“Thank goodness,” UNC senior Thomas Rees said. “But it’s there for protection.”
Rees keeps a small Smith & Wesson 9 mm pistol and a large Mossberg 88 shotgun in his off-campus apartment in Chapel Hill. On Tuesday afternoon, before bringing his firearms outside, Rees went into a back room and — with a click that accompanies guns being cocked — removed the ammunition from the guns’ chambers.
Sensible people with concealed carry permits should be able to take their guns on campus, he said.
“The bad guys would catch on and realize they can’t just rape or mug or murder whoever they want,” he said. “They’d know a lot of people have firearms, and they’re going to fight back.”
A North Carolina law passed in 2013 allowing concealed carry permit owners to bring guns on public college campuses — as long as they were stored in closed compartments in locked cars. Nationwide, there has been a push to allow guns more liberally on campuses.
And now there’s a new argument; they’ll help curb sexual violence.
Students for Concealed Carry, a national organization advocating for concealed handgun license owners to have their firearms all over campuses, is one of the primary groups supporting the new effort.
Michael Newbern, a national director for Students for Concealed Carry, said the group has always made connections between stopping any kind of violent crime and allowing permit holders to carry their guns everywhere.
“When a victim has the opportunity to fight back, we know an attacker will always choose a weaker victim,” Newbern said.
Rees said legally carried guns would make college campuses safer.
“They are dangerous but so are knives and cars and a lot of other things we experience a lot more,” Rees said. “Education is a big thing — learning how to handle these things properly.”
During the past two years, 33 states have considered loosening gun restrictions on public university campuses and allowing some form of concealed carry.
But the renewed advocacy isn’t without its critics — including some UNC students.
Opponents contend that most sexual assault victims know their attackers, making it less likely that a gun would be a deterrent.
“While I understand the argument that it wold help in instances when it’s random, and they don’t know their attacker, it’s not the rule — it’s the exception,” said fourth-year UNC School of Medicine student Brandon Linz, who owns a gun.
UNC senior Bennett Sasser doesn’t think she could ever carry a gun.
“I would take self-defense classes or other avenues to protect myself,” Sasser said.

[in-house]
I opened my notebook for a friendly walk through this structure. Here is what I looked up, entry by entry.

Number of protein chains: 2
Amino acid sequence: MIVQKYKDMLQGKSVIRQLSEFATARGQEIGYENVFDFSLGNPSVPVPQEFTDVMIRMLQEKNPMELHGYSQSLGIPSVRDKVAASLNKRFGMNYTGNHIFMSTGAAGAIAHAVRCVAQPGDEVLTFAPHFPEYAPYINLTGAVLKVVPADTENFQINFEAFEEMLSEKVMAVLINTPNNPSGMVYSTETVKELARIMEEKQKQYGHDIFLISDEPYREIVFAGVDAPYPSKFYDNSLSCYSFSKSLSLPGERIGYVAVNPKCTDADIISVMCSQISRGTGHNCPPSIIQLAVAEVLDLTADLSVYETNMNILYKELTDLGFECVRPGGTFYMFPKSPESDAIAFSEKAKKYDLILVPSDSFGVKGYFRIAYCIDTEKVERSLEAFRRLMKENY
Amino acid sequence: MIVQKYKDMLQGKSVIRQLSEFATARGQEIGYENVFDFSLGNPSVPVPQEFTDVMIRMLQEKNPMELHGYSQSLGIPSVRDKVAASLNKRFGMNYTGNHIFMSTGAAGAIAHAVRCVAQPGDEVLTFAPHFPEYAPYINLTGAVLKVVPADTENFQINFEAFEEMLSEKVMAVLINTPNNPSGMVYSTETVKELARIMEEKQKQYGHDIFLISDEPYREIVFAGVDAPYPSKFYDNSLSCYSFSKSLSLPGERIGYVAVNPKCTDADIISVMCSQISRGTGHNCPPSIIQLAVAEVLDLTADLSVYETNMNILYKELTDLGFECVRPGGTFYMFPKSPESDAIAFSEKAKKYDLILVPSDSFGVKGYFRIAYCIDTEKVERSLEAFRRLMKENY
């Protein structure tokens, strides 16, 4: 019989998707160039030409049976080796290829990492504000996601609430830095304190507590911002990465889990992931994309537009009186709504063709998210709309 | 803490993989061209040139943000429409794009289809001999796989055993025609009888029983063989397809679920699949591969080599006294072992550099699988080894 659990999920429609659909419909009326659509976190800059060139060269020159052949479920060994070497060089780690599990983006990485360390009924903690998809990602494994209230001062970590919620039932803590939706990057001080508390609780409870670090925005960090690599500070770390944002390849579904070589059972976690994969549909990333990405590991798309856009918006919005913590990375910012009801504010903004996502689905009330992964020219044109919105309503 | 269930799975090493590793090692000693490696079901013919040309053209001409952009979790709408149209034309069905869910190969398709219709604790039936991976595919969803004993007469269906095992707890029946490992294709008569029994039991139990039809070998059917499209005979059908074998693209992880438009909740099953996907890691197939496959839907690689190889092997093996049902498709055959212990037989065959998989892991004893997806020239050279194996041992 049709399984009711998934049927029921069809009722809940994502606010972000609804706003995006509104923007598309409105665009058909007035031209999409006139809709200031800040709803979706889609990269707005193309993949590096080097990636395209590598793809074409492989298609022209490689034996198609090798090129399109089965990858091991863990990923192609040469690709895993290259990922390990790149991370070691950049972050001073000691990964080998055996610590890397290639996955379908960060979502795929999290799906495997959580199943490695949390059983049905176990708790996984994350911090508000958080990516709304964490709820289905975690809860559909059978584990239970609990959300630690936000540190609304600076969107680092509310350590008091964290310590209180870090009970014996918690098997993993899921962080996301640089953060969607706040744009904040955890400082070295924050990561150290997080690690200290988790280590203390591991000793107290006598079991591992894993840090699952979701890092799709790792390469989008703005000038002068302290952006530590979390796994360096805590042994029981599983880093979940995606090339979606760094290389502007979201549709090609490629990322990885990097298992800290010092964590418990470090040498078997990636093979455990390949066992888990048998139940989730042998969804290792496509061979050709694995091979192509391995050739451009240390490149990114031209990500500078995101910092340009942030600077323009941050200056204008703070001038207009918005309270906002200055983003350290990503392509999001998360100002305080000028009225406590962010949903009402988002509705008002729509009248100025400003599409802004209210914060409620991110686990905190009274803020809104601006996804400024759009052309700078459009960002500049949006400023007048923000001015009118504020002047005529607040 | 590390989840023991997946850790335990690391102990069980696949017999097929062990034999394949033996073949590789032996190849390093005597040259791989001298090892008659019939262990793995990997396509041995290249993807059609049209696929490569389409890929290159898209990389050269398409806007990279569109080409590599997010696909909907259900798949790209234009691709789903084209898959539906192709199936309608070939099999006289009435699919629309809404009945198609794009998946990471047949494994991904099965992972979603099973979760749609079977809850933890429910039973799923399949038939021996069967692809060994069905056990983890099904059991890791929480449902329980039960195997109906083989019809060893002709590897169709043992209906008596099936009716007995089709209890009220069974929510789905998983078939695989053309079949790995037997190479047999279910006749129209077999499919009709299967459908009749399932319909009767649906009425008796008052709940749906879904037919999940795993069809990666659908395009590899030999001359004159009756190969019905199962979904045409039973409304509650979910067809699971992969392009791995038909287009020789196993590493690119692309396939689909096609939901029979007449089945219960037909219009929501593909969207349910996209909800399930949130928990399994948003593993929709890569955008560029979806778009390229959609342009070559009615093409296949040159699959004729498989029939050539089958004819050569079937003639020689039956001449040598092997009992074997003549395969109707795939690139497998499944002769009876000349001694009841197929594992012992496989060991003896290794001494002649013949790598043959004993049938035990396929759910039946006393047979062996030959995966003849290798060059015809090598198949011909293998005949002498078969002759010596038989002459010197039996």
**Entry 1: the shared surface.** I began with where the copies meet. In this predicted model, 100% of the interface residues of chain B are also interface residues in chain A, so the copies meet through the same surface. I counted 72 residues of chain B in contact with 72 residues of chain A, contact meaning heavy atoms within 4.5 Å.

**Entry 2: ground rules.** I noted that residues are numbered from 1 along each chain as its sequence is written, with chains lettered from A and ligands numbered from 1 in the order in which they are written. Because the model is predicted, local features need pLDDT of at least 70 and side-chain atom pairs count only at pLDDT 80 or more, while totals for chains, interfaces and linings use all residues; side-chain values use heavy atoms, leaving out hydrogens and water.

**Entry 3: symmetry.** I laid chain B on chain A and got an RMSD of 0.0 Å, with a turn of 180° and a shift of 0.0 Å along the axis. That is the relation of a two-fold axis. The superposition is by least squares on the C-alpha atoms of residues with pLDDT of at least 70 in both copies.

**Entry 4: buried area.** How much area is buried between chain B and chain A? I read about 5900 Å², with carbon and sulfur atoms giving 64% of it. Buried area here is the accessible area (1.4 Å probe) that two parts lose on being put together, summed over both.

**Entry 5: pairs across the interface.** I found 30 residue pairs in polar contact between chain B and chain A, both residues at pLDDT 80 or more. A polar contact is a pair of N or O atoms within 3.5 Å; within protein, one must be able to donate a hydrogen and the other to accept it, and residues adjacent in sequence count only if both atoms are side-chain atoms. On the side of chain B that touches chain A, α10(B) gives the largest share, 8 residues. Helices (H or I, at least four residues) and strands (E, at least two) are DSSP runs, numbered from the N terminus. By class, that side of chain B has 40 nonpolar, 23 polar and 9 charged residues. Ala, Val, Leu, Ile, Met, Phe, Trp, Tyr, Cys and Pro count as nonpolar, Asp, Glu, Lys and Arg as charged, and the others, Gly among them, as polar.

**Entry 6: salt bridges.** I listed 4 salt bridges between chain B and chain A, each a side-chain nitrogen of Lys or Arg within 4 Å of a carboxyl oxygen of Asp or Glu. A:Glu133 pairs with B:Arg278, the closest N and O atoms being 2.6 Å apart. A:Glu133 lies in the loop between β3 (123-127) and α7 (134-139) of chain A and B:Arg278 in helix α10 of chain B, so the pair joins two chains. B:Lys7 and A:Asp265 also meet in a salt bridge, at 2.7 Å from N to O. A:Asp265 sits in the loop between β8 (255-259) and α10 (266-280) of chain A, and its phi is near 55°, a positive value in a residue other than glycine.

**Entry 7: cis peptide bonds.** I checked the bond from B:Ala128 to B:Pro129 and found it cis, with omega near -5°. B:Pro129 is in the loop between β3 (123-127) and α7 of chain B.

Linz, who has held a concealed carry permit for five years, said guns shouldn’t be openly allowed on campus at all.
“If feeling unsafe on the college campus requires you to carry a gun on campus, those issues should be addressed first,” Linz said.
College parties are often cited as danger zones for sexual violence. But critics argue that adding guns into the mix of alcohol and drunk students could lead to accidental deaths.
“Students for Concealed Carry doesn’t want to change the standards of who can carry firearms,” Newbern said. “They know in most states it’s a felony to consume alcohol in possession of a hand gun.”
When gun restrictions have been loosened on campuses in various states, he added, the concerns of gun control lobbyists have not come to fruition.
“All these predictions of flooding the streets at frat parties shooting each other up is not coming true — and lawmakers are seeing that,” Newbern said.
UNC Young Democrats President Tony Liu said the University has campus security and local law enforcement for a reason.
“Concealed carry laws can create environments which are not conducive towards promoting feelings and environments of safety on campus,” Liu said.
But Frank Pray, president of UNC College Republicans, said concealed carry permit holders go through a rigorous process to receive their permits.
“Students would be subjected to the same laws and regulations as the general public, and therefore, the safety of campus would not be reduced at all,” Pray said.
Rees said the concept of actually using a firearm on someone isn’t the purpose of carrying one.
“Just the satisfaction of having it and knowing that if things do go bad, you can at least fight,” Rees said.
When Dylan Zanikos, a UNC junior, thinks about guns on campus, he considers his future daughter.
“If I have a daughter and she’s old enough and would feel safer walking home at night, then yes,” Zanikos said. “Concealed carry can alleviate that anxiety or fear.”